PETA Offers Urgent Information For Safeguarding Animals During Cold Weather

For Immediate Release :
8 February 2007

Contact :
Karen Chisholm 020 73579229, ext 229; 07734 579 092 (mobile)
Yvonne Taylor 07736778914

Group Warns Against Leaving Animals Outside in Freezing Temperatures

London – As temperatures drop, People for the Ethical Treatment of Animals (PETA) Europe reminds people that although they are equipped with fur coats, dogs, cats, rabbits and other animals can still suffer from frostbite, exposure and dehydration when water sources freeze.

Will you please consider sharing the following information with your audience to help protect animal companions?

Keep animals inside, particularly puppies and kittens, elderly animals, rabbits and guinea pigs, small dogs, and dogs with short hair, including pointers, beagles, pit bulls, Rottweilers and Dobermans. Short-haired animals will also benefit from a warm sweater or coat on walks.

If animals are left outdoors, rabbits, guinea pigs and other animals must be protected from drafts and damp conditions. Hutches should be raised off the ground and covered with a waterproof tarp at night and when it rains. Provide an enclosed sleeping box lined with straw or other nesting materials. Bedding should be changed weekly and water should be changed twice daily. Wrap water bottles in towels or other insulating material to prevent freezing.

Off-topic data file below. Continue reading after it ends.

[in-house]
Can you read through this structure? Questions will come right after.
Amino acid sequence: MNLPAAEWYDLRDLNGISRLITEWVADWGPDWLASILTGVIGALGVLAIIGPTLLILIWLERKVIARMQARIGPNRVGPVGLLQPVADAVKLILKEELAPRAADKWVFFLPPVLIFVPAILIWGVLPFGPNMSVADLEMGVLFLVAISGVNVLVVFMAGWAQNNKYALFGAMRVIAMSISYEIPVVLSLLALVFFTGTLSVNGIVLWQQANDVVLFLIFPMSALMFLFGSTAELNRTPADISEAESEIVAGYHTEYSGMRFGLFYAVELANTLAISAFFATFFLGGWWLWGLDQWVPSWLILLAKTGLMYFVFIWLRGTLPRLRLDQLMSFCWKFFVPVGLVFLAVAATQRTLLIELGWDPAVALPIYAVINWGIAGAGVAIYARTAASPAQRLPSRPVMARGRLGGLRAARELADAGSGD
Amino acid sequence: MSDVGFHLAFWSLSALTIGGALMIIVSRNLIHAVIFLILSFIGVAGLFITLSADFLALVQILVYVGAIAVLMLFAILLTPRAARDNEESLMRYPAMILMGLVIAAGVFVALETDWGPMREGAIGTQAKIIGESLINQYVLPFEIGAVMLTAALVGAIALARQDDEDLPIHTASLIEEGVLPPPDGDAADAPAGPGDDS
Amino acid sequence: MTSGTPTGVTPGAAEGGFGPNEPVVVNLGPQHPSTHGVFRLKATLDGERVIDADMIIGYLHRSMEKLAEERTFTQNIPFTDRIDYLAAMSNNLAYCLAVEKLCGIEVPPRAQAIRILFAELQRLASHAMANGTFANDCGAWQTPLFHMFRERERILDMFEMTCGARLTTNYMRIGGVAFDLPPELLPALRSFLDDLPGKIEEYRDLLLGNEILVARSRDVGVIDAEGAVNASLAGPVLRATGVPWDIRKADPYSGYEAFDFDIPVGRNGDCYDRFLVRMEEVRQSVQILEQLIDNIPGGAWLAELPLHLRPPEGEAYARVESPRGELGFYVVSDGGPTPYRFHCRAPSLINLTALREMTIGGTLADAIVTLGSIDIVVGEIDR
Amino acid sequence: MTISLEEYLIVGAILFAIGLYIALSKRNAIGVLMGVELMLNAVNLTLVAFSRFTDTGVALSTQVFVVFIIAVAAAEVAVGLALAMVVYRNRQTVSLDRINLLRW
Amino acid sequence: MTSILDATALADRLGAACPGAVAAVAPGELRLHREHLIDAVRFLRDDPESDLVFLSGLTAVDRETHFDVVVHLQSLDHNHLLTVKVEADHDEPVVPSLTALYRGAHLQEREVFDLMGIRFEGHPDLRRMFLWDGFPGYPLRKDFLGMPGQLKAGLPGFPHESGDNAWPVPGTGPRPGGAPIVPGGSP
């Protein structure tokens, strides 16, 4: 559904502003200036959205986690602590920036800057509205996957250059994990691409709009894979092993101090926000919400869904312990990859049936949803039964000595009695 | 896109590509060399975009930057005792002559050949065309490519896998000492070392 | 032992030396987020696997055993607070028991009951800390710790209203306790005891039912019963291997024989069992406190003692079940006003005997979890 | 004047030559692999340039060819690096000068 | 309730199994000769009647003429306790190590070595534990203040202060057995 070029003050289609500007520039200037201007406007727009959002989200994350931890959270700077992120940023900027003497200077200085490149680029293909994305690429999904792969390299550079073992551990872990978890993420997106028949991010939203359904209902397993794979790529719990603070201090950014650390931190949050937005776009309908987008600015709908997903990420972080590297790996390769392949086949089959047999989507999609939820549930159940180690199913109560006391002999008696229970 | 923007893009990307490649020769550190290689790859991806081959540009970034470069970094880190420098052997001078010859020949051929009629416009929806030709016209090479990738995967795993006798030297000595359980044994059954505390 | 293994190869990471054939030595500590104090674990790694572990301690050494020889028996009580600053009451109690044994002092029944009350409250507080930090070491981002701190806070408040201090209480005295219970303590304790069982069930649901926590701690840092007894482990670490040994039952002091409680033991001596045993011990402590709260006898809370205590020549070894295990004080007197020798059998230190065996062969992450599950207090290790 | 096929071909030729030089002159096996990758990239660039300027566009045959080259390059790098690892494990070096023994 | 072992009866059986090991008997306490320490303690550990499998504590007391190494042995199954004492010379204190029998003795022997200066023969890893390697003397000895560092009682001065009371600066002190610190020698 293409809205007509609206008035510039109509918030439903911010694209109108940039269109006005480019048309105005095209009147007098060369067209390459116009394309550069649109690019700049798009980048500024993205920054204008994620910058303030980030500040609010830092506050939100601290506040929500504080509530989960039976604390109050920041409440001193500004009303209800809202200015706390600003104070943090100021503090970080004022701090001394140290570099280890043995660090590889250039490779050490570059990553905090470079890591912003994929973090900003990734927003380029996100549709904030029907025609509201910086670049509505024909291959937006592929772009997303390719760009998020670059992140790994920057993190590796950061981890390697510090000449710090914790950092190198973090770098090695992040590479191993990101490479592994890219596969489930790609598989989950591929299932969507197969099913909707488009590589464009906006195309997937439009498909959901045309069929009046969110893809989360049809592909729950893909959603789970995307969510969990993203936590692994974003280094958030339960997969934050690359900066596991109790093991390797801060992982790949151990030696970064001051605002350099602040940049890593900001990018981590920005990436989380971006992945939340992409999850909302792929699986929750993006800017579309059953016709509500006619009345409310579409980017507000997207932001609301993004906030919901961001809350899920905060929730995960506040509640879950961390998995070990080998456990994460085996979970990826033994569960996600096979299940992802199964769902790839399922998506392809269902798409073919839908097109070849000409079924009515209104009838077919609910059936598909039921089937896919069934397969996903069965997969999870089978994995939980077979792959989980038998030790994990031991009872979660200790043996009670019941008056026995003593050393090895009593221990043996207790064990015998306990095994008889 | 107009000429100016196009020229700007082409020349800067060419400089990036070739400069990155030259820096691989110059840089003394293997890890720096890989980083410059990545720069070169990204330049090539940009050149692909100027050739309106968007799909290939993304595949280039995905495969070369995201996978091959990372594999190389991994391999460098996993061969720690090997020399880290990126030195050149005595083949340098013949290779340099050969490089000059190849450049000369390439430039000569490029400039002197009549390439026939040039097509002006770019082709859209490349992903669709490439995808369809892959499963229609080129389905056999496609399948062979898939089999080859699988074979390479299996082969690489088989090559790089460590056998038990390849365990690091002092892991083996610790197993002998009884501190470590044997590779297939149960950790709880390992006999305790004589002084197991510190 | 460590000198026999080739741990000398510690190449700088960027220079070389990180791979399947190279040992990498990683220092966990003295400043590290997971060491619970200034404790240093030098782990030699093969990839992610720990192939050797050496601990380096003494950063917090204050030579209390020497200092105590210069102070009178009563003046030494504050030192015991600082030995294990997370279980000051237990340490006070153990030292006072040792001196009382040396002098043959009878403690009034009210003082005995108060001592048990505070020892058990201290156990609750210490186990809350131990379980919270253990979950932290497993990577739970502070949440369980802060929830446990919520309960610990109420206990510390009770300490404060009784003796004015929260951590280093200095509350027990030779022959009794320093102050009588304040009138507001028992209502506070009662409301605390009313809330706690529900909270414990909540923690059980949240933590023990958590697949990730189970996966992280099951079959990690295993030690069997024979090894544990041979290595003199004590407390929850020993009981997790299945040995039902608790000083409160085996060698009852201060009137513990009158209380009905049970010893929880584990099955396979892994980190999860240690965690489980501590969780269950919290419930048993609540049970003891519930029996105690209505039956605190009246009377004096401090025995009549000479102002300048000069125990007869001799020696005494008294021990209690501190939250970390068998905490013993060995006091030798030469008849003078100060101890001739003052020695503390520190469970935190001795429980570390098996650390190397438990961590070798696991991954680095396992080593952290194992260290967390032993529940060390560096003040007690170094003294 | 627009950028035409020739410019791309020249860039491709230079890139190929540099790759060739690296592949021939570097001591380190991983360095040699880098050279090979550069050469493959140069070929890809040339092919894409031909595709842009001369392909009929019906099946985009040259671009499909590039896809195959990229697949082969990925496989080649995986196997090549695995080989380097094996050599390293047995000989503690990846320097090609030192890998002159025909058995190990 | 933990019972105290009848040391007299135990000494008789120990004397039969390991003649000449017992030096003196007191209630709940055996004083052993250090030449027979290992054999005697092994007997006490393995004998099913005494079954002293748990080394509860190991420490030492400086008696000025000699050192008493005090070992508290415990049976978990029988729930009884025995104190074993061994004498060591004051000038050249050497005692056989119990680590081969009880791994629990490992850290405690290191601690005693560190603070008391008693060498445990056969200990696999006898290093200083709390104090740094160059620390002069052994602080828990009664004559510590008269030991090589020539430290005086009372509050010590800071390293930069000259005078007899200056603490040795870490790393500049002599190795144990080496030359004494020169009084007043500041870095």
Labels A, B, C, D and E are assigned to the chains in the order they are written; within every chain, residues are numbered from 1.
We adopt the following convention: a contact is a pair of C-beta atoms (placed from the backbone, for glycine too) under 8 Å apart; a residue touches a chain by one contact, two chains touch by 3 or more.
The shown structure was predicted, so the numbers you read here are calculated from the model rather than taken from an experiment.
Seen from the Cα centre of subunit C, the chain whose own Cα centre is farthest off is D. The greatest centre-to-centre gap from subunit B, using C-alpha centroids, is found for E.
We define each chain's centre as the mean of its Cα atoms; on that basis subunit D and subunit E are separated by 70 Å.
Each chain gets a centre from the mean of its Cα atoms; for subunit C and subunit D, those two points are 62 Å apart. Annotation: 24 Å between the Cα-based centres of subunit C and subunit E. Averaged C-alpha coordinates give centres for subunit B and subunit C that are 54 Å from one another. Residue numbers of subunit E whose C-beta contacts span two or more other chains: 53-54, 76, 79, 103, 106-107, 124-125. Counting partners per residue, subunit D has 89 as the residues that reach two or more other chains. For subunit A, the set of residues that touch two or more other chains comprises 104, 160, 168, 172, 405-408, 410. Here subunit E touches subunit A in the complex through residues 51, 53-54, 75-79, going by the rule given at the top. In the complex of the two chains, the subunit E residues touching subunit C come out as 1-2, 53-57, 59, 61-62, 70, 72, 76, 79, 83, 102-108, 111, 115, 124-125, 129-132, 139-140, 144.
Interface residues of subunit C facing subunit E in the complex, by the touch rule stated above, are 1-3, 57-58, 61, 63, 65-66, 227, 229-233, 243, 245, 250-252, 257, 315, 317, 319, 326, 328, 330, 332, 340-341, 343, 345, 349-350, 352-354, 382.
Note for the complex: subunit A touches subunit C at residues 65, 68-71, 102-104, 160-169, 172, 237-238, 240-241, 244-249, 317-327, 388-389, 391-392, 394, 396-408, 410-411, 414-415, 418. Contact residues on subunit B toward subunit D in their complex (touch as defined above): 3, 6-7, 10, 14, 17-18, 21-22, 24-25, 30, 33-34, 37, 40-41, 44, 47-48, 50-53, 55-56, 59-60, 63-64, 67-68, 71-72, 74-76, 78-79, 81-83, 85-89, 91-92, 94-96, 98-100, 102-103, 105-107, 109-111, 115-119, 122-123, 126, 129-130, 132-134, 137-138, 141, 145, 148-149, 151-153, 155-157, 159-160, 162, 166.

Don’t allow your cat or dog to roam freely outdoors. During winter, cats sometimes climb under the hoods of cars to be near warm engines and are badly injured or killed when the car is started. (To help prevent this, bang loudly on the hood of your car before starting the engine.) Dogs may run out onto frozen ponds and fall through the ice. Animals can also become disoriented when there is snow or ice on the ground. More animals are lost during the winter than during any other season.

Keep an eye out for strays. Take unidentified animals inside until you can find their guardians or get them to an animal shelter. If strays are skittish or otherwise unapproachable, provide food and water and call your local animal shelter for assistance in trapping them and getting them indoors.

Wipe off your dogs’ or cats’ legs, feet and stomachs after they come in from the snow. Salt and other chemicals can make your animals sick if they ingest them while cleaning themselves.

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